ISET Economist Blog

Is There Need For a More Competitive Electricity Generation Market?
Friday, 28 December, 2018

Why do we care about competitiveness in energy markets? And, what are the benefits of increased competition from the supply side of the electricity market?

The main reason for the additional social surplus derives from increased energy consumption at lower prices. Increased competition in the electricity market is expected to translate into fewer market distortions – be they simply due to the abuse of market power or to the survival of inefficient firms – and, therefore, increased efficiency.

Increasing the level of competitiveness in the electricity market is also a requirement of the international commitments accepted by the Georgian government. In October 2016, Georgia became a member of the Energy Community, which was an important step towards the synchronization of Georgian legislation with European Union laws covering the Energy sector. In addition, Georgia has several obligations under the Association Agreement, signed alongside the EU. Consequently, the development of a competitive, transparent and efficient electricity market in each stage of electric power provision is one of the main requirements.

Currently, the chief electricity generators are large thermal power plants (TPPs- Mtkvari, Tbilsresi, G-power, and Gardabani TP), and regulatory and seasonal hydropower plants (HPPs). Among the regulatory HPPs, the main providers are Engurhesi and Vardnilhesi. In total, according to the most recent data, there are 5 thermal power plants, 7 regulatory, 17 seasonal, and 60 deregulated small HPPs (up to 40 MW) operating within the electricity generation market.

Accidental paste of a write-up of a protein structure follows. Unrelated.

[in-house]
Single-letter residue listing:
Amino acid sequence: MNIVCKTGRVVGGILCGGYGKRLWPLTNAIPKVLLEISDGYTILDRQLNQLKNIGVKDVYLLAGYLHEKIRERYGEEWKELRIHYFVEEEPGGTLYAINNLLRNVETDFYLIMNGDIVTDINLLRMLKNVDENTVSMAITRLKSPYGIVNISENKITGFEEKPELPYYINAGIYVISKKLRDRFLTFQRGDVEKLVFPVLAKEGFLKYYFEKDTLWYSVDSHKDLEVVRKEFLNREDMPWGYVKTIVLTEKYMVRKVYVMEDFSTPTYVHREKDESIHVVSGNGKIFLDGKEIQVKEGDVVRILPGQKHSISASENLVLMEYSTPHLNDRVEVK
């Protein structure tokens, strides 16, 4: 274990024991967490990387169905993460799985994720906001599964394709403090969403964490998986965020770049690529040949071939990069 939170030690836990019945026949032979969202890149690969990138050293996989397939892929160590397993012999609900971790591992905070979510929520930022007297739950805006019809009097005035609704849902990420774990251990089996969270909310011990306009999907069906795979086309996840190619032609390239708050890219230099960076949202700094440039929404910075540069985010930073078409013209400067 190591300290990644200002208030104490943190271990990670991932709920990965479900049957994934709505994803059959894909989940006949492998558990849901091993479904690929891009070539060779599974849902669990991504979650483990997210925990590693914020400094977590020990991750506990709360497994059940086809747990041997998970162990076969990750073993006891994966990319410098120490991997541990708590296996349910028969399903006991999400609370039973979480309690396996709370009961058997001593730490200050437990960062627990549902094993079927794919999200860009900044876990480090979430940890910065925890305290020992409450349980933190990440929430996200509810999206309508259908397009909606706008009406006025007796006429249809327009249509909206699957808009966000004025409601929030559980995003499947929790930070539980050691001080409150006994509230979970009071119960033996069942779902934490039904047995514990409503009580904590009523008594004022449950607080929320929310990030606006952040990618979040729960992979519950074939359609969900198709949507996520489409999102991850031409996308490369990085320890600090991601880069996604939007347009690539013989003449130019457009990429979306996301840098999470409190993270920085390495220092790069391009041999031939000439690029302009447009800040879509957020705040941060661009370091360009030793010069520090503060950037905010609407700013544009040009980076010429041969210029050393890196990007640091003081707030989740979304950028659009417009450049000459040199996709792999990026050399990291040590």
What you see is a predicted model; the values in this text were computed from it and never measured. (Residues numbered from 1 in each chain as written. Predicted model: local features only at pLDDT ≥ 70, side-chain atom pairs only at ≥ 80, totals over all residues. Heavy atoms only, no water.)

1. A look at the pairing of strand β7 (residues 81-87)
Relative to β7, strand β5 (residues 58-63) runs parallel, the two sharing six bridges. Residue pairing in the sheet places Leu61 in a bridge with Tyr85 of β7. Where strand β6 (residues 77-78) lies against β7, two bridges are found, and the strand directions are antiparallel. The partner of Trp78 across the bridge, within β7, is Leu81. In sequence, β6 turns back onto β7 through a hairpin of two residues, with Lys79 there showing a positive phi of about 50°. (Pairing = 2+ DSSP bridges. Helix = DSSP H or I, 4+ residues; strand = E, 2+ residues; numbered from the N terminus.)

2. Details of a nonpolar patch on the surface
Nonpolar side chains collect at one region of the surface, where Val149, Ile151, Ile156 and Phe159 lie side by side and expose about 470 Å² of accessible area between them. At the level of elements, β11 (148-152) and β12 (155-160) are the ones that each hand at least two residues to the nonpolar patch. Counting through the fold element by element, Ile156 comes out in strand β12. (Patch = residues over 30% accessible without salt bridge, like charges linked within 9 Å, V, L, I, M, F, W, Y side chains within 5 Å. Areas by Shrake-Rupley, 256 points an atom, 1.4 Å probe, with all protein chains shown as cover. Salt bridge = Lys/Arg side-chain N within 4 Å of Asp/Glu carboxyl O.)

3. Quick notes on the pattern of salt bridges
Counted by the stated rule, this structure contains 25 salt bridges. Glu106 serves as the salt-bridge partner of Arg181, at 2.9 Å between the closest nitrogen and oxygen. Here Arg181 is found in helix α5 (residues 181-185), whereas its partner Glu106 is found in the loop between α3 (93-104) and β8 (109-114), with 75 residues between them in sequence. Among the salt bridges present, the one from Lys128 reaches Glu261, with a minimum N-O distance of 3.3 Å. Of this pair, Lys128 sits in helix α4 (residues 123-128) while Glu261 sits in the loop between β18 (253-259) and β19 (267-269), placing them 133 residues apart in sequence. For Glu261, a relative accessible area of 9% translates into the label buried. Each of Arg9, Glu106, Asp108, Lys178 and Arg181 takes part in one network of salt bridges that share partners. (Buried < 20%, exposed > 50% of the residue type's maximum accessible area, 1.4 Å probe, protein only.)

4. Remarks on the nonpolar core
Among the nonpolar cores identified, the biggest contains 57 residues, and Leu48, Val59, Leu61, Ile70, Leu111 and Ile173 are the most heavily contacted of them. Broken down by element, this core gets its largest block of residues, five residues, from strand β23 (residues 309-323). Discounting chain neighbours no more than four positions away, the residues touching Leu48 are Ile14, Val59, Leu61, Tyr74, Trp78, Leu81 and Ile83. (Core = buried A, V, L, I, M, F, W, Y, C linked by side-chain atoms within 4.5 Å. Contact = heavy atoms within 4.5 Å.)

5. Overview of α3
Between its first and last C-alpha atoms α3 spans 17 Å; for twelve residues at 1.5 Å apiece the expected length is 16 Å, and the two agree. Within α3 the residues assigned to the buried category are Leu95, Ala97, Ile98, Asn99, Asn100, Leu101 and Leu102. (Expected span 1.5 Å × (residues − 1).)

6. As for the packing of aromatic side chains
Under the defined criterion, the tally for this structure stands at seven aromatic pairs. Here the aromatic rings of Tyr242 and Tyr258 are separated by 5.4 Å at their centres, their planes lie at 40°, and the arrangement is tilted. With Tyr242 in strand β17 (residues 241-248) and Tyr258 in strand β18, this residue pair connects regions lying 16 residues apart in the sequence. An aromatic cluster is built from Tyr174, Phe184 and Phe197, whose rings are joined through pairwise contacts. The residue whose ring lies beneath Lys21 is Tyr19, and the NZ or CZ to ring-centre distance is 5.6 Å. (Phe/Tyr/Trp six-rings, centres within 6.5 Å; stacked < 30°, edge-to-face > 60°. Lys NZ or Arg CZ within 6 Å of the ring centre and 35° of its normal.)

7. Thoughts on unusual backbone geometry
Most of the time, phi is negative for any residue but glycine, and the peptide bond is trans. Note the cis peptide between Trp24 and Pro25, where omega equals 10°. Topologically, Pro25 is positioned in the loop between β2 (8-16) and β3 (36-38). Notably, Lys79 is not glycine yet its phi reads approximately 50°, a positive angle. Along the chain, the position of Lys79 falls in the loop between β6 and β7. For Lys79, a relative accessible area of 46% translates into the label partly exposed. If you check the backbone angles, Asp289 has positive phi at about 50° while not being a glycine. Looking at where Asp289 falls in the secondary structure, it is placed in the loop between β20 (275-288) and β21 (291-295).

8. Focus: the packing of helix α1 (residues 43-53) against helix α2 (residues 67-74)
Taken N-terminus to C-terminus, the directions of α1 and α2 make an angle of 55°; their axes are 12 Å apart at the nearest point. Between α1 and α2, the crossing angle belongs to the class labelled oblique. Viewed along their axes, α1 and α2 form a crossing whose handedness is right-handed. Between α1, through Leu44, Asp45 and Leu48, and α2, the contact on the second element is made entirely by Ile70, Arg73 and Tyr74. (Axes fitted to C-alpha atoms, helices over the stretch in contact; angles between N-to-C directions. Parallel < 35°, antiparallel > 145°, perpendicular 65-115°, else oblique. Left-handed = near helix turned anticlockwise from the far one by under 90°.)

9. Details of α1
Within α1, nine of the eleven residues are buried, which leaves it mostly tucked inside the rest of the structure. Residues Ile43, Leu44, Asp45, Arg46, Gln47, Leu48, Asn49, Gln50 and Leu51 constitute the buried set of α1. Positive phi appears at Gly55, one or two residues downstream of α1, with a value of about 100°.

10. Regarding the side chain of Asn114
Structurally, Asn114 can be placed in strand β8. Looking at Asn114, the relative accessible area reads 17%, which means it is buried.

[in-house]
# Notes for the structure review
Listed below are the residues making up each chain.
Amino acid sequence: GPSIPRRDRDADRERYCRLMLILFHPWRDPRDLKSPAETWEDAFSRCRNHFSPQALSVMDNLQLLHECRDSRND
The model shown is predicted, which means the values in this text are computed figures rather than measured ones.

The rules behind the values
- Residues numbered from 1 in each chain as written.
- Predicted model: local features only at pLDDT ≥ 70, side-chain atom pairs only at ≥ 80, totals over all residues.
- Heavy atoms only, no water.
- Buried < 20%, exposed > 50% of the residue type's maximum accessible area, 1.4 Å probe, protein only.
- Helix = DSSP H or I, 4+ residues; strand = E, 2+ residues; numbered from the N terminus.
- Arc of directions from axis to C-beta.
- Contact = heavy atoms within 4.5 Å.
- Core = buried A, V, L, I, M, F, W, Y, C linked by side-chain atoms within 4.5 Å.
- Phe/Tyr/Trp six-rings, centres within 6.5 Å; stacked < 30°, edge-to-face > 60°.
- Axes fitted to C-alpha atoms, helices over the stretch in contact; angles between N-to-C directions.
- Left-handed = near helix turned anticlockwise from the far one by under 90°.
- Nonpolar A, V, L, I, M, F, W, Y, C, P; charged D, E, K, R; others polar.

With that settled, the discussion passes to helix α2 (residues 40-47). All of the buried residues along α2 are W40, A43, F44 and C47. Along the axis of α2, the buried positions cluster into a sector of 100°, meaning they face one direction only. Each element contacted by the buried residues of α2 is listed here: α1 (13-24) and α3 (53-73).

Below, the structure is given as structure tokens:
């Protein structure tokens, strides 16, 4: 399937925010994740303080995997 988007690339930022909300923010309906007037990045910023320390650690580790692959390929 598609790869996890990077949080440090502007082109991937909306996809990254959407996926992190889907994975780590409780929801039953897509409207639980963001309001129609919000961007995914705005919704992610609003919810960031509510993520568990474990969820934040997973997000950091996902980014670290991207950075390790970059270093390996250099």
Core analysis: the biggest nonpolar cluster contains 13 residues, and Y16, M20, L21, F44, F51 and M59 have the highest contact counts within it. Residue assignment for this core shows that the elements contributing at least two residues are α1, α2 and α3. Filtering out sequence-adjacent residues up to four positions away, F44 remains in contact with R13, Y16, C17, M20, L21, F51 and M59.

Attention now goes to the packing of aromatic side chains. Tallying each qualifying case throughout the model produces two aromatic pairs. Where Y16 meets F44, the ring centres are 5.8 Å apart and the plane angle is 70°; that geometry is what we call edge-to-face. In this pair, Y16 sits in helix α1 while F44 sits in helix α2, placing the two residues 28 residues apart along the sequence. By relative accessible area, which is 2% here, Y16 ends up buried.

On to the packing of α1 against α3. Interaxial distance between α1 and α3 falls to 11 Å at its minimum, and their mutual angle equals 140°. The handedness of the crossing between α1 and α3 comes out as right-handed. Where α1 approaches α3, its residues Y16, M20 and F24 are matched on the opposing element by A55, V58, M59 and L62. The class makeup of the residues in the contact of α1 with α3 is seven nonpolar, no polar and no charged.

The major players in the Georgian power generation market are the state, the Georgian International Energy Corporation (GIEC), Energo-Pro Georgia, Georgian Water and Power (GWP), and Telasi. The Georgian state owns 43% of the total installed capacity of power plants, while GIEC and Energo-Pro Georgia own 15% and 14% of the total capacity, respectively. While the rest of the installed capacity is shared by GWP (4%), Telasi (5%), and the remainder belongs to small individual power companies.

We have devised the Hirschmann-Herfindahl Index (HHI) to evaluate the evolution of the competitiveness of the Georgian electricity generation market. The index is an easily estimable indicator, which offers the opportunity to compare our market structure to that of other – developed – markets and to learn from their experiences in developing less concentrated markets.

The HHI measures how concentrated the markets are by calculating the squared proportion (in percentage) of each market player. It is noteworthy that the HHI varies between zero and 10,000; where, concentrated markets are characterized by monopolistic power (HHI=10,000 pure monopoly), while un-concentrated markets exhibit a high level of competition (HHI=0 perfect competition).

Conventionally, a market is:

• highly concentrated when the level of HHI is above 2500;

• moderately concentrated where the level of HHI ranges from 1500 to 2500;

• un-concentrated when the level of HHI is below 1500.